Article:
Over the last decade, Jensen Huang has been trying to transform Nvidia, the company he founded and leads as chief executive. He points out that the company’s graphics chips are no longer only for enhancing the realism of computer games. He contends that the company’s future is in supplying chips that can support machine learning in data centers, cars and robots.
But the importance of the Santa Clara, California-based company’s gaming business was underlined in its latest earnings report. Nvidia reported revenues of $3.18 billion in the fiscal third quarter, growing from $2.64 billion over the last year, with gaming accounting for more than 55 percent. The company forecast lackluster revenue for the fiscal fourth quarter because of excess gaming inventory out in the market.
Nvidia expects revenue in the fourth quarter to be between $2.65 billion to $2.75 billion, clashing with Wall Street estimates of $3.4 billion. The company will suspend production of some parts in the fourth quarter to give the market time to correct. Nvidia, the largest supplier of graphics chips ahead of Advanced Micro Devices, pulled in about $2.9 billion of revenue in last year’s fourth quarter.
“Our fourth quarter outlook is impacted by excess channel inventory of midrange Pascal parts,” said Collette Kress, Nvidia’s chief financial officer, in a statement. “We believe this is a near-term issue that will be corrected in one or two quarters, and remain confident in our competitive position and market opportunities.” Nvidia was holding onto $1.42 billion of inventory at the end of the third quarter, up from $1.09 billion in the second.
The market for gaming chips based on Nvidia’s Pascal architecture started soaring last year, leading to widespread shortages. That was because they could be used to accelerate the code behind Ether, Bitcoin and other digital currencies. But the recent selloff of cryptocurrencies led to Nvidia's Pascal sales tapering off. The company needs to sell its leftover inventory before it can resume selling its latest graphics cards.
Nvidia reported $1.76 billion in gaming revenues in the third quarter, an increase of 13 percent over the last year. Stimulating sales were graphics cards based on Nvidia’s new Turing architecture, which is replacing Pascal. But the company said that last-generation Pascal chips accounted for around one-third of gaming revenue last quarter. The excess inventory should be unloaded by the end of fourth quarter, Huang said.
“We expected pricing in the marketplace to decline,” he added on Thursday’s conference call with analysts. “It declined slower than we expected, and while it was declining, we were expecting sales volume and demand to grow. I think it just took longer than we anticipated.” He added: “We decided not to sell any more for the upcoming quarter to give the market an opportunity to sell through the inventory it has.”
Even though gaming is its biggest business, Nvidia’s data center sales are booming. Revenues jumped from $501 million to $792 million over the last year, highlighting the dominance of Nvidia GPUs in training algorithms to understand voices and tell the difference between objects. The company's major customers in the cloud computing space include Google, Microsoft and Amazon.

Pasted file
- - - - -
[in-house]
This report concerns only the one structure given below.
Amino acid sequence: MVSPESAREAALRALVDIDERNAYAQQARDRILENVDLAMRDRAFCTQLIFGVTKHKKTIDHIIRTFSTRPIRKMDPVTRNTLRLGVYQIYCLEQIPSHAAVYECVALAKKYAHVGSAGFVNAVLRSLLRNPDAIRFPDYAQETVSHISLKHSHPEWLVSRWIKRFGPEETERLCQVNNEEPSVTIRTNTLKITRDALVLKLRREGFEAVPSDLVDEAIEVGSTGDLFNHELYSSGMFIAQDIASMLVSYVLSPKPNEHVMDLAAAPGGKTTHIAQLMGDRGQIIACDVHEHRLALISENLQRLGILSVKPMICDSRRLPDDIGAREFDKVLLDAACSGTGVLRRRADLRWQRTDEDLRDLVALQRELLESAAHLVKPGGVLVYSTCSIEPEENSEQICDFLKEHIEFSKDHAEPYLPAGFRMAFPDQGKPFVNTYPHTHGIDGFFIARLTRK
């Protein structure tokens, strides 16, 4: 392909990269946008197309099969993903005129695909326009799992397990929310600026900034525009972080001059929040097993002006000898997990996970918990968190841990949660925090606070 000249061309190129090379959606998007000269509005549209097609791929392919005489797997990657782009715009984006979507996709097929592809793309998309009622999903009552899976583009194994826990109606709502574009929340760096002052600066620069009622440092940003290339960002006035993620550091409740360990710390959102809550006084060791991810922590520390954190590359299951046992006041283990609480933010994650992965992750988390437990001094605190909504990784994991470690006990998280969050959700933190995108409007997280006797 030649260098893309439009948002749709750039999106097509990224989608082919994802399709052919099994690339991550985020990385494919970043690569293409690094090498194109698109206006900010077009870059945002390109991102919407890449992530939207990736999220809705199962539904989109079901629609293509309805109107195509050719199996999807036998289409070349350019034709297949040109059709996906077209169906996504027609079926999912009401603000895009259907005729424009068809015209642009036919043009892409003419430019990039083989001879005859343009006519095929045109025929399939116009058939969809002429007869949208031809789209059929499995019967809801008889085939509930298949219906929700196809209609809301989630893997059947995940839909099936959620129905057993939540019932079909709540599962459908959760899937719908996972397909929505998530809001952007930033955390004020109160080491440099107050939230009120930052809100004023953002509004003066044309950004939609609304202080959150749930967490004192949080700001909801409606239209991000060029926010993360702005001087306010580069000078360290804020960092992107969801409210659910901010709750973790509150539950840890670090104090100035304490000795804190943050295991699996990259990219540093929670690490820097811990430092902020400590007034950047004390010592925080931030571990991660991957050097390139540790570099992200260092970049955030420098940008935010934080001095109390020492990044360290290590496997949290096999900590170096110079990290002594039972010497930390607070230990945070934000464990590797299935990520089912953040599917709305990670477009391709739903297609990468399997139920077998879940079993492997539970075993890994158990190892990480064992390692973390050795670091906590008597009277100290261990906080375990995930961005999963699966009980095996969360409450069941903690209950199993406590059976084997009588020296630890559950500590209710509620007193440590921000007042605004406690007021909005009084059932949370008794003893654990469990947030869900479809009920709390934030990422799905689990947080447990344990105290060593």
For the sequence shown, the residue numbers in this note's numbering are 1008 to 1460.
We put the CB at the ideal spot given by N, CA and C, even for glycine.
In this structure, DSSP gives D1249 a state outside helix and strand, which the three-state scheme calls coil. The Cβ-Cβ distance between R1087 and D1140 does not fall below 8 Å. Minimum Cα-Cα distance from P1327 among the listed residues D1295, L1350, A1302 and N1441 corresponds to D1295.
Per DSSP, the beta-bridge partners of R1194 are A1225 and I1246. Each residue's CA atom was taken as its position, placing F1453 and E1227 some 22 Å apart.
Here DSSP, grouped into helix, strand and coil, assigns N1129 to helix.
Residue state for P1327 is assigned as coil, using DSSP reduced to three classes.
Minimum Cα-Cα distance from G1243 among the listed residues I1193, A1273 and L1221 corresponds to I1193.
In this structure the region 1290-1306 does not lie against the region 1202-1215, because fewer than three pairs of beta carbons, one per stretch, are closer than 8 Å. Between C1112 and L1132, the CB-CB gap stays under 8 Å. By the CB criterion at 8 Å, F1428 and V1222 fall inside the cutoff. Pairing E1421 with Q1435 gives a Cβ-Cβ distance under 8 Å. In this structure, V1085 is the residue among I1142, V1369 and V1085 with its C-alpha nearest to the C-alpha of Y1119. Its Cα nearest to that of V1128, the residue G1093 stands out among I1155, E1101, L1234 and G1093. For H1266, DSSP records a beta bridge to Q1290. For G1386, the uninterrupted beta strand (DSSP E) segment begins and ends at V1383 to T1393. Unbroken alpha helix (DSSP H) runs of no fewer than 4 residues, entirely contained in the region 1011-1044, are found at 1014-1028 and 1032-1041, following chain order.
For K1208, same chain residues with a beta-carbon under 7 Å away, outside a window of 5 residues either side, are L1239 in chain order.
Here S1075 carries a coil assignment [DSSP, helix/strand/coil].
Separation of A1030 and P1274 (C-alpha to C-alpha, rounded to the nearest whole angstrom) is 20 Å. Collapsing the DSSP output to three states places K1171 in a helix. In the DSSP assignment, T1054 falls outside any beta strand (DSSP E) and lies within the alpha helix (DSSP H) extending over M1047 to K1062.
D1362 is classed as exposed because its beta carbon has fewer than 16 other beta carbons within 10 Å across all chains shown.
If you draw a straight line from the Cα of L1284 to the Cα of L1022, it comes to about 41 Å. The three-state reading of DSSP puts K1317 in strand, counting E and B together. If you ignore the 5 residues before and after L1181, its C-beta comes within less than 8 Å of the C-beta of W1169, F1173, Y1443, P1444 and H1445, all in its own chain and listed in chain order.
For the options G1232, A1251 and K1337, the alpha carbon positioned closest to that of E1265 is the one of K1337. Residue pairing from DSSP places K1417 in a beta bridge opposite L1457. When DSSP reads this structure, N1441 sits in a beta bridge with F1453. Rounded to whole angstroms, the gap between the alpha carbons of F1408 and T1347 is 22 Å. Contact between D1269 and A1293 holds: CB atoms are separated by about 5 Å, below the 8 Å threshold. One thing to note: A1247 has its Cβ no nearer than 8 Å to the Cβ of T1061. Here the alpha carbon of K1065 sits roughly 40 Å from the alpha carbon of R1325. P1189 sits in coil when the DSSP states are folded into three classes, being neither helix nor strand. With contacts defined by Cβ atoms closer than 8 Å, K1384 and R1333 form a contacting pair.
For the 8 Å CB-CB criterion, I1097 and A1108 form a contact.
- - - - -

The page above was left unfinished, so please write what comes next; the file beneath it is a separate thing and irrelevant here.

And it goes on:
“Artificial intelligence is advancing at an incredible pace across the world, driving record revenues for our data center platforms,” said Huang in a statement. In the third quarter, the company announced the first products based on the Turing architecture, which contains custom cores that support ray tracing technology. Those cores also handle inferencing, the act of running machine learning software trained on huge amounts of data.
On Monday, Google announced that it would be the first cloud computing company to give customers access to Nvidia’s T4 chip for inferencing over the cloud, complementing Nvidia’s V100 chip used for training. Major manufacturers, including Supermicro, Dell and Hewlett Packard Enterprise, are using Nvidia’s T4 accelerator in data center servers. “Our inference business continues to grow,” Kress said.
Nvidia’s professional visualization sales were $305 million in the third quarter, up from $239 million over the last year, while the automotive business went from $144 million to $172 million. The company had gross margins of 60.4 percent last quarter, which were unable to match the company’s forecast of 62.6 percent. Operating profit increased 18 percent over the last year to $1.06 billion. Earnings per share grew 48 percent to $1.97.
The GPU business jumped 25 percent over the last year and 4 percent over the last quarter to $2.77 billion as professional visualization, data center and gaming sales increased. Nvidia’s Tegra processor business came out of the third quarter with revenues of $407 million from chips used to enable autonomous driving and embedded machine learning. That was down 3 percent over the last year and 13 percent since the end of the second quarter.